Working with interpreters

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Working with interpreters

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Interpreting: What is it?
Interpreting is to speech (or signing) what translation is to the written word. Unlike translation however, interpreting usually requires you to come up with the goods straight away rather than having a chance to play around with things and check in the dictionary or thesaurus if you get stuck. The BPS has produced guidance for psychologists working with interpreters in mental health settings. This wiki is based around just some of the issues raised in the BPS guidelines (Tribe & Thompson, 2008) as well as personal experience and knowledge.

Interpreting should be offered to people who do not speak English as a first language (as they may not know that this is available to them, or may find it hard to ask for it) but it should also not be insisted upon.

How does it work?
Within the context of one-to-one clinical work, the most likely form of interpreting that you will come across is consecutive liaison interpreting. This means there is a single interpreter working in an out of both languages, who then speaks in between the practitioner and client, rather than doing the job simultaneously (this is possible, but would be trickier!). Interpreting just into your own first language can be a challenging task in itself – so going back and forth between languages creates an extra burden. BSL (or other sign language) interpreters are more likely to work simultaneously, as the difference in medium of communication makes this a lot more feasible.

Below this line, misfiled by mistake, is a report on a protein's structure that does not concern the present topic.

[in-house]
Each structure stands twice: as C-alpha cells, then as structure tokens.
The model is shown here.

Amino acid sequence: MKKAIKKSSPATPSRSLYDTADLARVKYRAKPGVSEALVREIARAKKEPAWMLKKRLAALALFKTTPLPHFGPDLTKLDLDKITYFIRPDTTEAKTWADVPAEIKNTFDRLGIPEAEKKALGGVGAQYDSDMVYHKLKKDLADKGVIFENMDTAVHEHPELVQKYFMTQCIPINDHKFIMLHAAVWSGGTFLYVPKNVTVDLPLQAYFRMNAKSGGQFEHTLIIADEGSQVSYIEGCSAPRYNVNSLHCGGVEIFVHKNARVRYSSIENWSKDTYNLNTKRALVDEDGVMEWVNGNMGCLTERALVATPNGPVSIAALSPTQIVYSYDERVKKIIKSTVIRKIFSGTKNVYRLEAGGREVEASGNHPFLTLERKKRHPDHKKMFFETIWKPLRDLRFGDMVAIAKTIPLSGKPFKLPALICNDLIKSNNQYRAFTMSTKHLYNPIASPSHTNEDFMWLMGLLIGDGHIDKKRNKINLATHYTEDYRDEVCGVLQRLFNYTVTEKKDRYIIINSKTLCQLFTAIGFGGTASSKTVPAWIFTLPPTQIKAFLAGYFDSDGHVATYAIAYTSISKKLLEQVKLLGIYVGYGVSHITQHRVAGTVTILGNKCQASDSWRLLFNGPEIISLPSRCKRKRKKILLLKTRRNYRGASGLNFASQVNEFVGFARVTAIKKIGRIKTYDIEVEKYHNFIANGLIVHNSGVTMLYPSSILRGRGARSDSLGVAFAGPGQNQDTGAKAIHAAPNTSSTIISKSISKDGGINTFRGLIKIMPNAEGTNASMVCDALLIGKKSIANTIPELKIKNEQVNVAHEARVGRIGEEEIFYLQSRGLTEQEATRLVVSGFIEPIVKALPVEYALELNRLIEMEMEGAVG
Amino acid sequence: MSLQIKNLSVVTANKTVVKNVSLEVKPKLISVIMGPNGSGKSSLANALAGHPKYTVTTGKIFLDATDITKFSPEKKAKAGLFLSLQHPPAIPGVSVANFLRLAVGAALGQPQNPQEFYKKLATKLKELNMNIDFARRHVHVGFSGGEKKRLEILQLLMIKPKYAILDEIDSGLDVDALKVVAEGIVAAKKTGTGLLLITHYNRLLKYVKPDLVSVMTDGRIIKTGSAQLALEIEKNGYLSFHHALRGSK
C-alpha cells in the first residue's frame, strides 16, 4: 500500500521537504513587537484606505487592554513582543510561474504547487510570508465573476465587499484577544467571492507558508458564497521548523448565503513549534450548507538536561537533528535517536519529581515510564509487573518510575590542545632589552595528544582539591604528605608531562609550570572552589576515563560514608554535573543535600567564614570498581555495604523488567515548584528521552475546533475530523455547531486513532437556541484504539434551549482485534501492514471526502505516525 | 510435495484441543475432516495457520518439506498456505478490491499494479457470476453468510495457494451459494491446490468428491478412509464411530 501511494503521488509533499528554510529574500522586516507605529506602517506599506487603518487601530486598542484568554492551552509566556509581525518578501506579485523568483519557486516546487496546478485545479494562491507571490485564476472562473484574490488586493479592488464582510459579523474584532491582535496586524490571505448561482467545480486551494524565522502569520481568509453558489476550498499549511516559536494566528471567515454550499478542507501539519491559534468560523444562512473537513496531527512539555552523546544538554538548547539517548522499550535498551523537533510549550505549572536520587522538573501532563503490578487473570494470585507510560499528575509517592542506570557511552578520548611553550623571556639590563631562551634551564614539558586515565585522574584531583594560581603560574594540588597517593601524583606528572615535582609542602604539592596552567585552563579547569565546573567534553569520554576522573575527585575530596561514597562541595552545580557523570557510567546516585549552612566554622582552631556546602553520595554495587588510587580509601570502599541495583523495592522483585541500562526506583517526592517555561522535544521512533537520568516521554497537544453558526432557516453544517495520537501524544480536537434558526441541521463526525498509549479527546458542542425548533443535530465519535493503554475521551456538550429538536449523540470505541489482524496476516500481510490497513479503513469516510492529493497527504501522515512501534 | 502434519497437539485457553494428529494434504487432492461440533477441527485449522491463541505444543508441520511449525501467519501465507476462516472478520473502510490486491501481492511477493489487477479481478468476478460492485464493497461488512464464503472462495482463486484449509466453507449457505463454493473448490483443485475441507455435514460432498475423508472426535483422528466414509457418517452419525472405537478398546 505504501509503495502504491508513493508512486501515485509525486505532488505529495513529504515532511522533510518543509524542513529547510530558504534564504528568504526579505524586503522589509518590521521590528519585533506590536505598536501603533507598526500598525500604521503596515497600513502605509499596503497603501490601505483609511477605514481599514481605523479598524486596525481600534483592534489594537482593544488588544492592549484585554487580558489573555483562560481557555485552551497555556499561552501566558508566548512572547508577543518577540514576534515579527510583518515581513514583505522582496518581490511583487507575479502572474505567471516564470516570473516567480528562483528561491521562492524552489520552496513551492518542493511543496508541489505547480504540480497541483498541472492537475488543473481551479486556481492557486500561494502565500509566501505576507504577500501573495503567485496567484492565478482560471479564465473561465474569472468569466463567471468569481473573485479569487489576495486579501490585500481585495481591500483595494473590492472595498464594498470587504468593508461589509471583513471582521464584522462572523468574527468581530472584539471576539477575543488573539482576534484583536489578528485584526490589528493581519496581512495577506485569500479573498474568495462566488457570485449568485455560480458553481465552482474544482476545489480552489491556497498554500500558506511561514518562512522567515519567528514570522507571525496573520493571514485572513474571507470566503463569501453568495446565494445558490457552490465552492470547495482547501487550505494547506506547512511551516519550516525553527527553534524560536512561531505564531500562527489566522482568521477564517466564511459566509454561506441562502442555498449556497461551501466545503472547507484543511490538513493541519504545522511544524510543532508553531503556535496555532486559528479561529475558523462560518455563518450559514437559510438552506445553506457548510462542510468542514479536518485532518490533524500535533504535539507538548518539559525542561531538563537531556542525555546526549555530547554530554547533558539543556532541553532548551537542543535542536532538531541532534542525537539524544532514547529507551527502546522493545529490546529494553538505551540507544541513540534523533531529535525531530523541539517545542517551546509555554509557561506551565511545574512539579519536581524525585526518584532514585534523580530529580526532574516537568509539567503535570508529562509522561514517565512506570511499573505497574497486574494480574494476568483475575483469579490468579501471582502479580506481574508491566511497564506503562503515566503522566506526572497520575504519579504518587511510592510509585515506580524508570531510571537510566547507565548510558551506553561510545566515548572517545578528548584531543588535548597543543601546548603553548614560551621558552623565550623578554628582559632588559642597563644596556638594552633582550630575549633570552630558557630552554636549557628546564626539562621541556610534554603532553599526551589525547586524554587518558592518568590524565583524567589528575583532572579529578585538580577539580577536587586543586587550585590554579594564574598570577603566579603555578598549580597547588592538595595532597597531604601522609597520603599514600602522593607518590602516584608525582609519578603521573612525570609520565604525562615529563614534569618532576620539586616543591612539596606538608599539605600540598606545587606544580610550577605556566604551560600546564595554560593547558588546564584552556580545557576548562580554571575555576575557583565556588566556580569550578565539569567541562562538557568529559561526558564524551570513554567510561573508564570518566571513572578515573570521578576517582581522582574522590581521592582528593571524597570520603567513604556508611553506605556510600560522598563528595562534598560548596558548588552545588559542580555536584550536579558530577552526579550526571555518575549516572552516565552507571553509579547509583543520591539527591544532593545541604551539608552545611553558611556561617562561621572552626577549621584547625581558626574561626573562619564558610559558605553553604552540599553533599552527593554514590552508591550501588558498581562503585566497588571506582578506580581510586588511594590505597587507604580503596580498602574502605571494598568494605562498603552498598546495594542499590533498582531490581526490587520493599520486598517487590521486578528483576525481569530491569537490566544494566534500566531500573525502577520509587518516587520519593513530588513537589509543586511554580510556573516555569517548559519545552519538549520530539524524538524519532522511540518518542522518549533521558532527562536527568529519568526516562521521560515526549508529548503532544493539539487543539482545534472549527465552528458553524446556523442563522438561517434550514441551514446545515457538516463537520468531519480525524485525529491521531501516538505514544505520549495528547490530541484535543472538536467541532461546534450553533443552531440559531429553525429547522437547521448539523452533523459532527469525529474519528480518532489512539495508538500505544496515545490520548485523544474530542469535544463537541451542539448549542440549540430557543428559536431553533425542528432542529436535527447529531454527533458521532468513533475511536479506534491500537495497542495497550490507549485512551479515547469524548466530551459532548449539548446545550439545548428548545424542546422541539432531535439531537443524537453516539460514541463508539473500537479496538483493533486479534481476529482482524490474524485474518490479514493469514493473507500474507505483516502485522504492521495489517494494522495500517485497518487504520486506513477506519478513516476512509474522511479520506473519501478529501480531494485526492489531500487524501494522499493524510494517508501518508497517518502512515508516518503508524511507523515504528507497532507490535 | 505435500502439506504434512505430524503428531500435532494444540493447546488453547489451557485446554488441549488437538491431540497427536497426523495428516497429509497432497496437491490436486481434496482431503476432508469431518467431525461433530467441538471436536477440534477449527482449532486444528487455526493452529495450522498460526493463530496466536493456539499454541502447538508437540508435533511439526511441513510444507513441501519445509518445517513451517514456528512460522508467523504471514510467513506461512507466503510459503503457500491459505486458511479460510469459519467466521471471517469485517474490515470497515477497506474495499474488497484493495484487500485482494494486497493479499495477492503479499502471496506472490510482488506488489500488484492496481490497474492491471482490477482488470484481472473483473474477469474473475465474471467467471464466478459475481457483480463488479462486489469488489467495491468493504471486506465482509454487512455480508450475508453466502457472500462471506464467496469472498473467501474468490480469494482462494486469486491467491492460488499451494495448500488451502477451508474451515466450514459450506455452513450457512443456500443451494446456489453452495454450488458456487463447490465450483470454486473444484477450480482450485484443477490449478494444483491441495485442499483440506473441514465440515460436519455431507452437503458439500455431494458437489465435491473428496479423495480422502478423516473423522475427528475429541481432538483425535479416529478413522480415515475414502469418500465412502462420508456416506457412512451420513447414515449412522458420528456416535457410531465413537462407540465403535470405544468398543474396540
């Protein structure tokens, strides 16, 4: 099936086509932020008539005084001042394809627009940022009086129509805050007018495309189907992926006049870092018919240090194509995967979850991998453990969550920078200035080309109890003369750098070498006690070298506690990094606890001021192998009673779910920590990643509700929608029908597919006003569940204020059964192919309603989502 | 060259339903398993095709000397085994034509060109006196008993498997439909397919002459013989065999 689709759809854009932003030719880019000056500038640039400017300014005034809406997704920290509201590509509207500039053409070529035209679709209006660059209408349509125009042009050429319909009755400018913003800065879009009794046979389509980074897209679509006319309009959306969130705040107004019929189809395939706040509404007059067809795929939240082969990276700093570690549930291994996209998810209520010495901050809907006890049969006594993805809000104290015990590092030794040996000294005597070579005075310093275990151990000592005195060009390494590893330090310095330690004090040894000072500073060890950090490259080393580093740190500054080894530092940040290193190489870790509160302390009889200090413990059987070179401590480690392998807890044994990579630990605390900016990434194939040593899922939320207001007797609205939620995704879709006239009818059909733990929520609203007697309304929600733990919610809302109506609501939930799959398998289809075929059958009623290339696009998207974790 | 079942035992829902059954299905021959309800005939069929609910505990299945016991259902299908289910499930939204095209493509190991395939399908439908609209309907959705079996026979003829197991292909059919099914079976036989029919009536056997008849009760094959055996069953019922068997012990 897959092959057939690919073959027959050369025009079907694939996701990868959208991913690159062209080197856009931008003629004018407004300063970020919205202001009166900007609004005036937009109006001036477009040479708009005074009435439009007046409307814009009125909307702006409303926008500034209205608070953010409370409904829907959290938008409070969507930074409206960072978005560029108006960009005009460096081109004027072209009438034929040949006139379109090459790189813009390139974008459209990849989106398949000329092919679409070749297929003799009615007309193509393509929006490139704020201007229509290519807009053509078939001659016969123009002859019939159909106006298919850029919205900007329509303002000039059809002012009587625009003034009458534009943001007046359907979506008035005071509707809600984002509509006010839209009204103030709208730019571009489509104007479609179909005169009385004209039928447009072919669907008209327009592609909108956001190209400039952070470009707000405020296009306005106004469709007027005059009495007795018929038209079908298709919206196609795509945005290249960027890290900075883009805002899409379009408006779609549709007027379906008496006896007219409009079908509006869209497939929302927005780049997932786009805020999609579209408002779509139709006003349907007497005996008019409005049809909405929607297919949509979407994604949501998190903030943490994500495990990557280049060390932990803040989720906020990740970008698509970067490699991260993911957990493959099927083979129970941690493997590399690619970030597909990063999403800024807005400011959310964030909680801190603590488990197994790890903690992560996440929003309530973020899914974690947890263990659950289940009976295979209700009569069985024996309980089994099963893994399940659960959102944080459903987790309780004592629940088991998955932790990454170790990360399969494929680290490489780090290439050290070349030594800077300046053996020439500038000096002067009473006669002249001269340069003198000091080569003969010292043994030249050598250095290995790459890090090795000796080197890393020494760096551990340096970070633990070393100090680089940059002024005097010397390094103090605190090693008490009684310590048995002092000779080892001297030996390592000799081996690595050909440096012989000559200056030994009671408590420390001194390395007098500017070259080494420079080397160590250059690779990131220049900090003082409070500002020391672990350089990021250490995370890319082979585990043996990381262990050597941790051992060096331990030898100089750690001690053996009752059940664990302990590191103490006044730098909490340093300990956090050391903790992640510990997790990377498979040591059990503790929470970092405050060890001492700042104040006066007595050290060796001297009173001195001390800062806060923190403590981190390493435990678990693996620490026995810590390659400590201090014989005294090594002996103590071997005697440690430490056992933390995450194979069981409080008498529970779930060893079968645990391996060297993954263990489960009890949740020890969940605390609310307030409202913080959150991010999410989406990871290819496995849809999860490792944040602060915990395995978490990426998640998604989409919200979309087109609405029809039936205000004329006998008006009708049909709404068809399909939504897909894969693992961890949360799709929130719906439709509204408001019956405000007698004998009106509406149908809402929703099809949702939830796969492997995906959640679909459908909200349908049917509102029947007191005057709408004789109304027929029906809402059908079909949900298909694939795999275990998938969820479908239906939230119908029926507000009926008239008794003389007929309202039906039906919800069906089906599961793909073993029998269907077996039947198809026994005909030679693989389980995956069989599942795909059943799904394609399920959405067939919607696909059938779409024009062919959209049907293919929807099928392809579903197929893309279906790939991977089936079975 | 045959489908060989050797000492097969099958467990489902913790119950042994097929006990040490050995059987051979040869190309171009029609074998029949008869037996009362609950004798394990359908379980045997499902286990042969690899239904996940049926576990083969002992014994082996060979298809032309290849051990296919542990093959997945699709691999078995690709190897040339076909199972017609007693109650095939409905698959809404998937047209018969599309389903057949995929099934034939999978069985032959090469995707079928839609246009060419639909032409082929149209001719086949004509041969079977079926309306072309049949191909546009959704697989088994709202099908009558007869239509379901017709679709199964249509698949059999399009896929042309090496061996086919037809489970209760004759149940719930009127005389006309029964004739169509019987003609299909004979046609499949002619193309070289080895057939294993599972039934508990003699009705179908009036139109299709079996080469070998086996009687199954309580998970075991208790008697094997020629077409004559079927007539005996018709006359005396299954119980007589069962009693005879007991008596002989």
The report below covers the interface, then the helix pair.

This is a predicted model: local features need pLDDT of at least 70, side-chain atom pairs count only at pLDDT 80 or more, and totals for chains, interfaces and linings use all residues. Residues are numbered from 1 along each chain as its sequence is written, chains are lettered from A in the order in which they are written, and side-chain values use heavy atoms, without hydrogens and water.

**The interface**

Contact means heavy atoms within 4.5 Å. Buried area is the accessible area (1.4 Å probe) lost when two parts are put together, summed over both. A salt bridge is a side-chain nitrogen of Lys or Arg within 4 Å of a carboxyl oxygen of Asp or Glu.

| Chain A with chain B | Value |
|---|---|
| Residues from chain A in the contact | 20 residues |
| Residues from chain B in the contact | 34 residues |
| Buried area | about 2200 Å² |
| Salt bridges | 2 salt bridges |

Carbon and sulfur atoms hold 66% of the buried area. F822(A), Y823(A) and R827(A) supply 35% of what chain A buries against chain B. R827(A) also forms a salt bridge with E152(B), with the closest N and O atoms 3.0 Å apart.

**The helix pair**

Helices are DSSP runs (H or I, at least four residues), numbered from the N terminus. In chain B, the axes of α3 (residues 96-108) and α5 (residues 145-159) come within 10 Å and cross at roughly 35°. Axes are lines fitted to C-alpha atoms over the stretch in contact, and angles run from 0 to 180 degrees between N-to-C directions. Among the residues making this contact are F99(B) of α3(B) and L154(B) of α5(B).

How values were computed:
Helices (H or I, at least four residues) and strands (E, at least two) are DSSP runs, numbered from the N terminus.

The BPS recommends you undertake training if you are going to work with interpreters. However, if that isn’t possible in time for the work, then try to prepare yourself with reading up on topic or consulting more experienced colleagues.

This is important in all cases: but particularly in cases from a small language community, it is important to be mindful of the client’s potential wariness in disclosing sensitive information, especially if they doubt the interpreter’s professionalism. You should consider whether the client and interpreter have already met or are likely to do so again in the future outside of the work.

Choice of interpreter
The most important thing is to check that the interpreter is appropriately qualified. But this includes checking that the interpreter speaks the correct language, and dialect. It’s best to try to match for country / region too. Imagine if you were from Aberdeen and your interpreter was from Alabama!